The first woman to serve as president of the Frederick County Medical Society, Dr. Schipper also was a member of the Medical and Chirurgical Faculty of Maryland, American Academy of Pediatrics, American Public Health Association and American School Health Association.

She was a founder of the Frederick Woman Physicians Group, on the boards of Frederick Memorial Hospital and First Bank of Frederick and president of the Frederick County Heart Association.

Her survivors are her husband, Dr. Gerald J. Schipper, a retired dermatologist; two sons, Dr. Gerritt J. Schipper and Martin Paul Schipper, both of Frederick; two daughters, Suzanne Schipper-Quinn and Anita Schipper-Caplan, also of Frederick; a brother, Samuel Paul Taylor of White Plains, N.Y., and seven grandchildren.

The family suggested memorial contributions to the Development Fund of Frederick Memorial Hospital or to the Hospice of Frederick County.

Walter W. Pearthree

Bolton Hill artist, actor

Walter W. Pearthree, a retired advertising artist who also had a career on the stage in community theater and summer stock, died Monday of pneumonia at the Manor Care Rossville Nursing and Rehabilitation Center. He was 74.

A longtime resident of Bolton Hill, Mr. Pearthree retired 20 years ago as art director for the S. A. Levyne Co., with which he was associated for 30 years. The Advertising Club of Baltimore honored him for his art work.

Born in York, Pa., he was a 1942 graduate of the Maryland Institute College of Art, where he won a fellowship to study painting in Europe. World War II was raging in Europe, however, and Mr. Pearthree went to work as a draftsman at the Glenn L. Martin Co., now Martin Marietta Corp.

In 1942, he began appearing in productions of the Vagabond Players, and his appearances with that local theater group continued until 1977.

He had roles in summer theater productions in Duxbury, Mass., in the 1940s and took many character parts at Baltimore's Center Stage in the 1970s.

He also appeared with Theater Hopkins and the Spotlighters and at the old Ford's Theater as Captain Hook in a Baltimore Actors Theater production of Peter Pan.

His wife, the former Verna Harvey, died in 1982.

He is survived by two sons, Jonathan G. Pearthree of California and Todd H. Pearthree of Towson, and a daughter, Pippa L. Pearthree Riginus of New York City.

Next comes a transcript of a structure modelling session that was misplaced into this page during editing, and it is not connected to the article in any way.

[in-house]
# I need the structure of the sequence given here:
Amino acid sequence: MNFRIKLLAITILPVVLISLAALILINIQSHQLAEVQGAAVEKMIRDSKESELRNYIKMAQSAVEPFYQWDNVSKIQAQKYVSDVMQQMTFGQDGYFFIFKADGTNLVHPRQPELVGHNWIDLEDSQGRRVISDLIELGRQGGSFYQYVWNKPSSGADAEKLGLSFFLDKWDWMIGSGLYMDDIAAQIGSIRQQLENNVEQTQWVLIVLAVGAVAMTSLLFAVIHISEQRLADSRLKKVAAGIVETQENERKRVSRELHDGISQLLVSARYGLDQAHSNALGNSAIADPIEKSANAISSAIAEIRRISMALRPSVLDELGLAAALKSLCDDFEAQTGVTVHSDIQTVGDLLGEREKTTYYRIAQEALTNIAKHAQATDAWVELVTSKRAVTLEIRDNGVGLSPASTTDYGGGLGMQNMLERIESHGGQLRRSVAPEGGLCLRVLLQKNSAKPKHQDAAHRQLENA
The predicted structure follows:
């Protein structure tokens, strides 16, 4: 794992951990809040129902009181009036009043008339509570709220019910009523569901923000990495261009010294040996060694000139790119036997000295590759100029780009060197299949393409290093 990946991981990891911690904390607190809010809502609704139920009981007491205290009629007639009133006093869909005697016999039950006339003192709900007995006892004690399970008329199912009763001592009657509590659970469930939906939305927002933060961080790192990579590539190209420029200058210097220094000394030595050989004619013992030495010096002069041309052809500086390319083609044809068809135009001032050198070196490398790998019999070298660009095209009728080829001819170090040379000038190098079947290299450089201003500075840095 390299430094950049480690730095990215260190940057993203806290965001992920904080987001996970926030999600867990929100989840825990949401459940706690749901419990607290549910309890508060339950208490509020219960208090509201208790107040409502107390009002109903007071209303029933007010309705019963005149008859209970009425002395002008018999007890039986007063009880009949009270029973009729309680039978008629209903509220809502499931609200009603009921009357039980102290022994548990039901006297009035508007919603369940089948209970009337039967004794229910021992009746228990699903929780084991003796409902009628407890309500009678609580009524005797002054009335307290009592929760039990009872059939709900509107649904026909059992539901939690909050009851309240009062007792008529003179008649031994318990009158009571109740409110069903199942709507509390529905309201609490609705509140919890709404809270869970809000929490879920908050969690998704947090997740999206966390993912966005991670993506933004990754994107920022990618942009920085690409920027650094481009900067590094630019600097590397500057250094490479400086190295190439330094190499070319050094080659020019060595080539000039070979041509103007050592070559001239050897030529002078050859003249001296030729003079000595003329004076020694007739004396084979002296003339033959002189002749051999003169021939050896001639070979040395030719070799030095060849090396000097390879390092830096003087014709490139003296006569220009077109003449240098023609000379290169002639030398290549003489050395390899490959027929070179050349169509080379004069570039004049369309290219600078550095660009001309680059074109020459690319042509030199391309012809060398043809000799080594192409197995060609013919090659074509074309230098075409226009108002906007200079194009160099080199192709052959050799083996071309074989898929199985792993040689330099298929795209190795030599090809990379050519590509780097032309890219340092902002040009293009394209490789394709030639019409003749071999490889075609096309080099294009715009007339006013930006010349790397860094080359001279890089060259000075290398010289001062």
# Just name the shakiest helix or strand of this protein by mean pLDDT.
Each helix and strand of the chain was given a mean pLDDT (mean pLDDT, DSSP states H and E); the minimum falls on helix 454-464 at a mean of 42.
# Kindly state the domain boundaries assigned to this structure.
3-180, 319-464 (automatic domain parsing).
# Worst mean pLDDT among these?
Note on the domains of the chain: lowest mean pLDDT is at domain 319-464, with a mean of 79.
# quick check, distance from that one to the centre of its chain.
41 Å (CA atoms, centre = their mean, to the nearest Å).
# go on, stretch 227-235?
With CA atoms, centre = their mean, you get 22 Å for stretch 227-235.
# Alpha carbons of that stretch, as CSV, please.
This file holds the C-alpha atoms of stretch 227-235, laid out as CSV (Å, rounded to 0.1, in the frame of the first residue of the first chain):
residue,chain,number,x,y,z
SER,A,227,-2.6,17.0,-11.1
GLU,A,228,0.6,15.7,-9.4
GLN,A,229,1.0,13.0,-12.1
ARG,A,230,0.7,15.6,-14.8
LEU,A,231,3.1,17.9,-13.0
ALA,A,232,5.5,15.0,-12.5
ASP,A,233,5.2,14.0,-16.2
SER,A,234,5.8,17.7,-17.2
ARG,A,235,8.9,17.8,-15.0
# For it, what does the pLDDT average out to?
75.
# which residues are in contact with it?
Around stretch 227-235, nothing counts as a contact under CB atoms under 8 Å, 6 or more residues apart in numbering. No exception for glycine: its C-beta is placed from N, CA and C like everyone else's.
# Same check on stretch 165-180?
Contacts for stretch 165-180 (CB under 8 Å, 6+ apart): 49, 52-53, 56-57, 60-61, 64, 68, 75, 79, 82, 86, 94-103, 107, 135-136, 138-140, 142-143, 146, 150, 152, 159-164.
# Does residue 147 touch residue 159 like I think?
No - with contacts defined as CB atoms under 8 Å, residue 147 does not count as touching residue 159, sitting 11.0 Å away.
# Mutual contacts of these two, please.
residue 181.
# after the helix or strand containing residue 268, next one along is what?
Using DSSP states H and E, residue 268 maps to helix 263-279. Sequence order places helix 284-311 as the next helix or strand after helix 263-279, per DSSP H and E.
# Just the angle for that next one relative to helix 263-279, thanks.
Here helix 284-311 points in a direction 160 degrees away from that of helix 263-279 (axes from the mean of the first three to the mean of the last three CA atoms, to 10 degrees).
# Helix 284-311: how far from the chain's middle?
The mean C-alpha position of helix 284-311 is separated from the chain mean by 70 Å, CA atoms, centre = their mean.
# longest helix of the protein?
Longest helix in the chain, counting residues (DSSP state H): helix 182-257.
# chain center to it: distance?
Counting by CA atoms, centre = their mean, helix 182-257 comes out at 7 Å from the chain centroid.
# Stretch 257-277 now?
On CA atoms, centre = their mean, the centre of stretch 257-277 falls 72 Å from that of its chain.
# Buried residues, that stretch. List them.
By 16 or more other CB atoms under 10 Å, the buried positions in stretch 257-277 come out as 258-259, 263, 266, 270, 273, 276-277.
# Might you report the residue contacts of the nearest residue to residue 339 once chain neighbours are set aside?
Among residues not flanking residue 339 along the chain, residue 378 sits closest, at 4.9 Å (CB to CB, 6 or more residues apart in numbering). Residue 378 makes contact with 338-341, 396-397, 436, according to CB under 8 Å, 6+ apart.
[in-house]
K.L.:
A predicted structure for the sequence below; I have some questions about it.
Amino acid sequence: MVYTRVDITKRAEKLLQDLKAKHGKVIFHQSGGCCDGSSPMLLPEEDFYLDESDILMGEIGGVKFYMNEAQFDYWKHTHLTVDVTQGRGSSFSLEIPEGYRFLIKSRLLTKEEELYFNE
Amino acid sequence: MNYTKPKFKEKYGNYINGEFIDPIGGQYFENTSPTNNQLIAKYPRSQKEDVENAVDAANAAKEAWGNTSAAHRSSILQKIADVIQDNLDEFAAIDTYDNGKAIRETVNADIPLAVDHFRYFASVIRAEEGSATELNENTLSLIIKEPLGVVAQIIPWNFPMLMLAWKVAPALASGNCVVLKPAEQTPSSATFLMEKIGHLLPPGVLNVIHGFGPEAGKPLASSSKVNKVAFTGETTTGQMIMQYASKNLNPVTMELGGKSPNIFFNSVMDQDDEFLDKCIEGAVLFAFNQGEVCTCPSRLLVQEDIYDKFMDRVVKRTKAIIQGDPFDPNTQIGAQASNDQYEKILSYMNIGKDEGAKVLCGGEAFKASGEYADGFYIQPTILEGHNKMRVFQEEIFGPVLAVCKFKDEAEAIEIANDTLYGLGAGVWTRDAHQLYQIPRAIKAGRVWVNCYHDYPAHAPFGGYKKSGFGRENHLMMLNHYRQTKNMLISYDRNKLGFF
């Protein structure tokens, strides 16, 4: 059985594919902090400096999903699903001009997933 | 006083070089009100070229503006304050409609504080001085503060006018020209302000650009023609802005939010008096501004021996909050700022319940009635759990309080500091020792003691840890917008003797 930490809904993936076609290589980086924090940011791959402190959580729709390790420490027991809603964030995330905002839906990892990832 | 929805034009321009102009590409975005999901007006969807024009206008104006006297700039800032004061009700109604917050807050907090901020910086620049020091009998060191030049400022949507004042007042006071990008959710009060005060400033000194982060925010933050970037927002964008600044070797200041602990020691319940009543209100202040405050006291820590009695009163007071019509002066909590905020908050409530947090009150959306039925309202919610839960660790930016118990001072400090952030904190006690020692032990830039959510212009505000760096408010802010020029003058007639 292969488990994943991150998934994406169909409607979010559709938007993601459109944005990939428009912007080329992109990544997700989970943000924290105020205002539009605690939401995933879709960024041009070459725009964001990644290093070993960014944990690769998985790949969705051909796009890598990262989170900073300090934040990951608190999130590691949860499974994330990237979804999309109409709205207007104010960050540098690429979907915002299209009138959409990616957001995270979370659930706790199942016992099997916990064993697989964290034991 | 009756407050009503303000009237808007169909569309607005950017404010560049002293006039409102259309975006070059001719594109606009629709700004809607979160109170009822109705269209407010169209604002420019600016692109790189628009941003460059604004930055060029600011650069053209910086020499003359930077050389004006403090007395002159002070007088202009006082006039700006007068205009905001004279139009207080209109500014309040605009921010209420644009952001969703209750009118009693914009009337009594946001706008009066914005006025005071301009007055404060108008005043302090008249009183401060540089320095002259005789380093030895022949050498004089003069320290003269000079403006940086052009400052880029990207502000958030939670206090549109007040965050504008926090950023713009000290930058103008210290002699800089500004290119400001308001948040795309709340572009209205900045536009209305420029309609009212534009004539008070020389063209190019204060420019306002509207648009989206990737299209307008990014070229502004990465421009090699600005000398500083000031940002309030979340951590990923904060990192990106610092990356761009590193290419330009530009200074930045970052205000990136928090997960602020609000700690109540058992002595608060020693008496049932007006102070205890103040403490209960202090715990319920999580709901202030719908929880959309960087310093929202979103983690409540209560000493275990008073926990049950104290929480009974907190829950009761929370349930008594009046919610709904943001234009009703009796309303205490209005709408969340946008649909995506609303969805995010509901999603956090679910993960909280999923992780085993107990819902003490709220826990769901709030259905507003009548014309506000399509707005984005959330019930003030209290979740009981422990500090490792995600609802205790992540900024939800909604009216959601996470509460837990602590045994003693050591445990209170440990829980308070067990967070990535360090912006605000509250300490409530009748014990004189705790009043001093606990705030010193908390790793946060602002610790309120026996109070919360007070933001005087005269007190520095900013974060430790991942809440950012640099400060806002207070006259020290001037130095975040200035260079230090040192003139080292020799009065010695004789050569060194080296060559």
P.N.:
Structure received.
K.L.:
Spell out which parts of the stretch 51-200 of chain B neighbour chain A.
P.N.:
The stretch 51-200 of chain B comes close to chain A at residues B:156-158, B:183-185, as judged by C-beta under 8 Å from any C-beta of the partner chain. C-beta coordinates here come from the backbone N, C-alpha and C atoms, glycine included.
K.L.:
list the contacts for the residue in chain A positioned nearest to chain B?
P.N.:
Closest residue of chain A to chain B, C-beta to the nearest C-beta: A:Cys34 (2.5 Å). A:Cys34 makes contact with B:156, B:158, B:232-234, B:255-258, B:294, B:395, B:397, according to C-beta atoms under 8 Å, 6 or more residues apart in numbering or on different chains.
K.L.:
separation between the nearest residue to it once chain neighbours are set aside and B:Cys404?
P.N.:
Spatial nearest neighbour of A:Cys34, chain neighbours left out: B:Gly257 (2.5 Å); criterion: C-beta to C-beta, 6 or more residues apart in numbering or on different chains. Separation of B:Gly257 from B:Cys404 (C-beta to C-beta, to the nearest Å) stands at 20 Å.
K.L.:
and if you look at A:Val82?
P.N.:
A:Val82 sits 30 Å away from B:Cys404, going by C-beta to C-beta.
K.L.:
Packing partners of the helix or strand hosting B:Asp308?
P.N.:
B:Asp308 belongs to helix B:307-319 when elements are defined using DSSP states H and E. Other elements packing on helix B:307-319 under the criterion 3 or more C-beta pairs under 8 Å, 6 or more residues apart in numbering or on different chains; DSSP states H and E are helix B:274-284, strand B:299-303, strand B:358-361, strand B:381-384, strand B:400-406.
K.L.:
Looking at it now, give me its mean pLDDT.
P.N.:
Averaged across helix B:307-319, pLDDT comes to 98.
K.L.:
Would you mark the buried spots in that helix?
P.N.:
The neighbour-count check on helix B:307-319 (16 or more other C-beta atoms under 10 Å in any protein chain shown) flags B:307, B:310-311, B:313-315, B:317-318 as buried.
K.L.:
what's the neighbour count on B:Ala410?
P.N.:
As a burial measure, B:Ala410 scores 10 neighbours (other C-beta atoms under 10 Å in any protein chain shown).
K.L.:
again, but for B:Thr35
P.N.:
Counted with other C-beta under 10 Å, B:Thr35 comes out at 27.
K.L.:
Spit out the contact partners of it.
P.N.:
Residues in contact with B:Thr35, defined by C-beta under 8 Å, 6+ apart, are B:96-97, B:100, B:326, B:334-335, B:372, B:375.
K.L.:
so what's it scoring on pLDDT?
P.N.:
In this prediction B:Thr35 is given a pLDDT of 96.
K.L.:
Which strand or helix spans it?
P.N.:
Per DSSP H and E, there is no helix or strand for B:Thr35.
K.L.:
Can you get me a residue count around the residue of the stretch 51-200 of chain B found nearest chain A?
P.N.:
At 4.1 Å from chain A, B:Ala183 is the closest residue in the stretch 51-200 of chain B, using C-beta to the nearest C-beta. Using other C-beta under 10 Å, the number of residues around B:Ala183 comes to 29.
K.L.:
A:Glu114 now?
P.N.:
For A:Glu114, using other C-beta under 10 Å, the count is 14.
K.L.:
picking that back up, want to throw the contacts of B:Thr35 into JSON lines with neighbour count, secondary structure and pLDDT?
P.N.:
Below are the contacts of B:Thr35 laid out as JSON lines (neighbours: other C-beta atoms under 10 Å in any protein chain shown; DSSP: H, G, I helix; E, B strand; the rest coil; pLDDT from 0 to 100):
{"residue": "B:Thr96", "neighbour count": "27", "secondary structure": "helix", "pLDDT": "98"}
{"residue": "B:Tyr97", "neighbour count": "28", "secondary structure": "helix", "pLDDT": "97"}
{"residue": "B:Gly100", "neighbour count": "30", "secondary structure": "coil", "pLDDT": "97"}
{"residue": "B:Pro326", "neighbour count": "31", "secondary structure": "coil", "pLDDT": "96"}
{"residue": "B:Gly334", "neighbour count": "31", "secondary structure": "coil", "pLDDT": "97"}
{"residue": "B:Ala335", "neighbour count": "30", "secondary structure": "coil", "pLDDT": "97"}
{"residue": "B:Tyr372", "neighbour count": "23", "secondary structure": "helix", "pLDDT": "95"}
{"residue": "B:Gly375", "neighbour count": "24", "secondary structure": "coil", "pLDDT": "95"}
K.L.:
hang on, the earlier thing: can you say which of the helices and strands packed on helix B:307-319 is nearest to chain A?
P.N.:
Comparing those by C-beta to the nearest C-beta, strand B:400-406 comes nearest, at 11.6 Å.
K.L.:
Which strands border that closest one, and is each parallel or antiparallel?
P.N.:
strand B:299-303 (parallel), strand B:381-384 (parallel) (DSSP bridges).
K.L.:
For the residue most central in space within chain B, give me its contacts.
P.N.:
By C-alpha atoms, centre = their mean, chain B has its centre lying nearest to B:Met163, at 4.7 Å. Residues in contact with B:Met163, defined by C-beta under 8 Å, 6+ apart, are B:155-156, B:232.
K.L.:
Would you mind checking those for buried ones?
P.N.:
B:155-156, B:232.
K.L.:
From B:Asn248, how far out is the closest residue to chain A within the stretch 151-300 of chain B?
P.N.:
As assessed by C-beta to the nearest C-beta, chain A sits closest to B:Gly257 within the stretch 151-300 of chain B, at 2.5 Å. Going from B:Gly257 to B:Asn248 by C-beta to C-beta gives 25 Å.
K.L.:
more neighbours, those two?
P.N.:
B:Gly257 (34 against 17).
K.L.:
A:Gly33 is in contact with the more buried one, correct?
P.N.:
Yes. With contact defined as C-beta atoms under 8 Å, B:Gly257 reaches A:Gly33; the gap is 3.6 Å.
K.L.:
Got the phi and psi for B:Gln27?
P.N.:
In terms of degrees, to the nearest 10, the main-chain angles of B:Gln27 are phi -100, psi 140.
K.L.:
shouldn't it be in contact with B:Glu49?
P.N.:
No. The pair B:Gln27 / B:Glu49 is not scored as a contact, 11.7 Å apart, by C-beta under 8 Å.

Arrangements for a memorial service were incomplete. The family suggested memorial contributions to the Vagabond Players.

Sarah Baum

Active in civic affairs

A memorial service for Sarah Baum, who had been active in many civic endeavors in Maryland, will be held at 2 p.m. today in Friendship Hall at the Ginger Cove Life Care Community in Annapolis where she and her husband had lived since 1988.

Mrs. Baum died there of cancer Jan. 16. She was 82.

The former Sarah Chase was a 1931 graduate of Hood College and lived in Catonsville until her marriage in 1936 to C. Philemon Baum, known as Clete.

They lived in Washington for three years, then moved to Bethesda where Mrs. Baum was a member of the Women's Guild and the Annual Bazaar committee at Westmoreland Congregational United Church of Christ; a volunteer in the library at Radnor Elementary School; a member of parent-teacher groups and a Cub Scouts and Campfire Girls leader. She was a fund-raiser for the Red Cross, the Republican Party and the American Heart Association.

The Baums had a summer home in Port Republic since 1965 and Mrs. Baum was active in the Scientist's Cliffs Association.

She was a member of the Major Gifts Club of the Hood College Alumnae Association, a patron of the Historic St. Maries Citty Foundation and the Activities Committee and Croquet and Mah Jong clubs at Ginger Cove.

In addition to her husband, her survivors include two daughters, Katharine B. Wolpe of New York and Virginia F. Umberger of Arnold; two sons, George N. Baum of Potomac and Christopher C. Baum of Albuquerque, N.M., and eight grandchildren.

Another service will be held at 2 p.m. Monday at the Westmoreland Congregational United Church of Christ in Bethesda. The family suggested memorial contributions to the church's Handicapped Parking Fund or to the Hospice Program

of the Anne Arundel Medical Center.

Sidney Cowen

Bandleader and musician

Sidney Cowen, a retired musician and bandleader, died Jan. 16 of Alzheimer's disease at the age of 86 at the Milford Manor Nursing Home.

Mr. Cowen, who lived in Mount Washington for many years, retired nearly 10 years ago. He operated Sid Cowen and Associates, through which he provided bands for many social events.

Playing the ukulele, banjo, guitar and bass fiddle himself, he also was a master of ceremonies who at weddings would sing a song he made up for the occasion with lyrics containing the names of all members of the wedding party.

Born in Leeds, England, he moved to Baltimore as a child and began his career as a musician in Baltimore in the late 1930s, often playing aboard excursion boats. During World War II, he served in the Army as a musician.

After the war, he was featured on local radio and entertained at the old Ritz night club in the Congress Hotel.

His wife, the former Miriam Lewenberg Immerman, died in 1980.

He is survived by a stepson, Eugene Immerman of Red Bank, N.J.; three grandchildren; two great-grandchildren; and four nephews.

Services for Mr. Cowen were held Sunday at Sol Levinson & Bros. funeral home.